Pentagon officials believe Iran conducted airstrikes against the Islamic State terror group (ISIS) in Iraq in recent days - marking the first time Tehran has deployed its air force against the jihadi group and confirming previous reports of direct Iranian intervention.
According to Reuters, senior US officials said there was evidence to suggest Iran had deployed F-4 Phantoms to strike ISIS targets in Diyala near its western border with Iraq. Diyala has been the scene of fierce clashes between ISIS on one side and Iranian-backed Shia militias and Kurdish Pershmerga forces on the other. Anti-ISIS forces recently pushed the Sunni Islamists out of towns and villages in the area.
Iranian and Iraqi officials both denied the reports, but an Iraqi security expert said all evidence pointed to the contrary.
"It is true that Iranian planes hit some targets in Diyala. Of course the government denies it because they have no radars," Hisham al-Hashemi told Reuters.
Al Jazeera recently released what appeared to be footage of the Iranian strikes, and military experts have noted that the only states using F-4 Phantoms in the region are Iran and Turkey - with the latter unlikely to be involved given its notable reticence to intervene in the fight against ISIS.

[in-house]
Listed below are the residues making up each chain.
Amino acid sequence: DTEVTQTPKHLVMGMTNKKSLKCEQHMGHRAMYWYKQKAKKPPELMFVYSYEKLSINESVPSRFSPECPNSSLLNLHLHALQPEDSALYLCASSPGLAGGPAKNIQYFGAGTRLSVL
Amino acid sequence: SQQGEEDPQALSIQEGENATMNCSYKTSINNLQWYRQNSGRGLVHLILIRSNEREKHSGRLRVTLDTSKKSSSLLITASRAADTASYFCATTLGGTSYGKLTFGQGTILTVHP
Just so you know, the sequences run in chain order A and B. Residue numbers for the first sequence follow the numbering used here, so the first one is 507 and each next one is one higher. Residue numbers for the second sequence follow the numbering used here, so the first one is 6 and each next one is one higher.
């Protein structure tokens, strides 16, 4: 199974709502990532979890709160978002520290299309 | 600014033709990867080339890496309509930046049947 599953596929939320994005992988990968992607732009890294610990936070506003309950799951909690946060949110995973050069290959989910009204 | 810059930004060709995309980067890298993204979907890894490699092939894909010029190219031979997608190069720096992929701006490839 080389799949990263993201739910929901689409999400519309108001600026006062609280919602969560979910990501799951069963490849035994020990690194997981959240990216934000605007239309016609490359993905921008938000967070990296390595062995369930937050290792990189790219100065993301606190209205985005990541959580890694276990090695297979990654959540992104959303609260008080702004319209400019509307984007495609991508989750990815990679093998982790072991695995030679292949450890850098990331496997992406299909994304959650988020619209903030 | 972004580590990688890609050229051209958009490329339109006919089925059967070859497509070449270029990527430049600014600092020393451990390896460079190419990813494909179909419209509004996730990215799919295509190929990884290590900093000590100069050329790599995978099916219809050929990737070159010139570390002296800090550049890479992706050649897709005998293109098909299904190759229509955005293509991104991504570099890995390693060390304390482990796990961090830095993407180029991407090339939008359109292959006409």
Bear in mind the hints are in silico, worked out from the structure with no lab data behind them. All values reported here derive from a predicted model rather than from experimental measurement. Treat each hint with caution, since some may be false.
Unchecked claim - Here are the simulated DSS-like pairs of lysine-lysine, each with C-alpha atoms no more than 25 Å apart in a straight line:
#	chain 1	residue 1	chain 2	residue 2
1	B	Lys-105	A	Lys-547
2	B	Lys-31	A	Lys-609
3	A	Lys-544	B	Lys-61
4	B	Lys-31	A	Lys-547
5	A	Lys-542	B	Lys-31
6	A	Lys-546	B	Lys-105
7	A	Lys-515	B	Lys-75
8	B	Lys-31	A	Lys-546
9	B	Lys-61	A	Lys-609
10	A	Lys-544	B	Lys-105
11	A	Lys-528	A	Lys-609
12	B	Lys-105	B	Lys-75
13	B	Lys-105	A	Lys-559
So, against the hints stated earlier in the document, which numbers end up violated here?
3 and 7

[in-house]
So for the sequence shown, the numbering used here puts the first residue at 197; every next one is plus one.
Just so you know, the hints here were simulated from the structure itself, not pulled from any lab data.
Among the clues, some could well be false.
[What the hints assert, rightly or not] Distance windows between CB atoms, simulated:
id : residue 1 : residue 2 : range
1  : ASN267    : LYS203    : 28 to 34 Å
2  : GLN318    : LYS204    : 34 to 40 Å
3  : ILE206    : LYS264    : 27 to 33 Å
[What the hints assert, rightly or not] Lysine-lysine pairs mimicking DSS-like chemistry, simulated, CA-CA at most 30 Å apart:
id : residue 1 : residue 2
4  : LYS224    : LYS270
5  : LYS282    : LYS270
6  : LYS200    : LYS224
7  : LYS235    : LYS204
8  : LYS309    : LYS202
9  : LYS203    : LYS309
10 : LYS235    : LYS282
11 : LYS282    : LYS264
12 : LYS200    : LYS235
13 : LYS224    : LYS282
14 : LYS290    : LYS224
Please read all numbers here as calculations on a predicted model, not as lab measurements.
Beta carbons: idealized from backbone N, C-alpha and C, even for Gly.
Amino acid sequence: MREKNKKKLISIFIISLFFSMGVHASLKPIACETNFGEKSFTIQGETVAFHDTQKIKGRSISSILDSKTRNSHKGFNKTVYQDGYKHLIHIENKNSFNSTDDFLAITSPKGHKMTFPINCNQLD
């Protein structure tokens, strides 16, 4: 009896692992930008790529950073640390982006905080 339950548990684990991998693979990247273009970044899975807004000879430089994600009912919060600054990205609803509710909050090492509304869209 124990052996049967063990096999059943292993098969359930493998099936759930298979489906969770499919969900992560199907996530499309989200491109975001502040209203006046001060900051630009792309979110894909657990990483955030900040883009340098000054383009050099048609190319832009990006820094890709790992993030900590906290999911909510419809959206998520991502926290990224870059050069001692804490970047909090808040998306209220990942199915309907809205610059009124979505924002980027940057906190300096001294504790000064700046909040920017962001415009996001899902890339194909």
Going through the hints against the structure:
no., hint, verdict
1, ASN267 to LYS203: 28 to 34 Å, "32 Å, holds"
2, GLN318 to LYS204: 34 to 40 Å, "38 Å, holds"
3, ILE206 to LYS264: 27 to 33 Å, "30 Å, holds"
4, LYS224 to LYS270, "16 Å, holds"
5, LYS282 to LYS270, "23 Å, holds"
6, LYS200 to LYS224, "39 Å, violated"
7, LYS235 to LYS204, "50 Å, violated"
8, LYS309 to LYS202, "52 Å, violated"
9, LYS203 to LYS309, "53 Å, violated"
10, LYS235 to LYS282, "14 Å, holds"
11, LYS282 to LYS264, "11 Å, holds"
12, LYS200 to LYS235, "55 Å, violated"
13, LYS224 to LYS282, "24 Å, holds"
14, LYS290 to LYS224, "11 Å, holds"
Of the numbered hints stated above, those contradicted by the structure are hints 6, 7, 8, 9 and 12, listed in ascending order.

US Secretary of State John Kerry declined to comment, telling reporters in Brussels: "I am not going to make any announcements, or confirm or deny the reported military action of another country in Iraq. It is up to them (the Iranians) or up to the Iraqis to do that if it did indeed take place."
However, an AFP report from the Brussels conference - where Kerry is hosting key talks with members of the anti-ISIS coalition - quoted Kerry as taking a positive view of Iranian intervention.
"If Iran is taking on (ISIS) in some particular place... and it has an impact, then it's going to be net effect (that) is positive," Kerry was quoted as saying.
But White House spokesman Josh Earnest flatly denied that the US was actively coordinating with Iran.
"At this point our calculation about the wisdom of cooperating with the Iranians hasn't changed. We're not going to do it," he said.
Despite the denials of US-Iranian cooperation, reports abound of behind-the-scenes cooperation, with some warning the cooperation could come at the cost of an effective deal to curb Iran's nuclear program.
Either way, it is undeniable that US-led airstrikes have helped Iranian efforts in Iraq, with Iranian-backed Shia militias and the largely pro-Iranian Iraqi government forces directly benefiting from the airstrikes.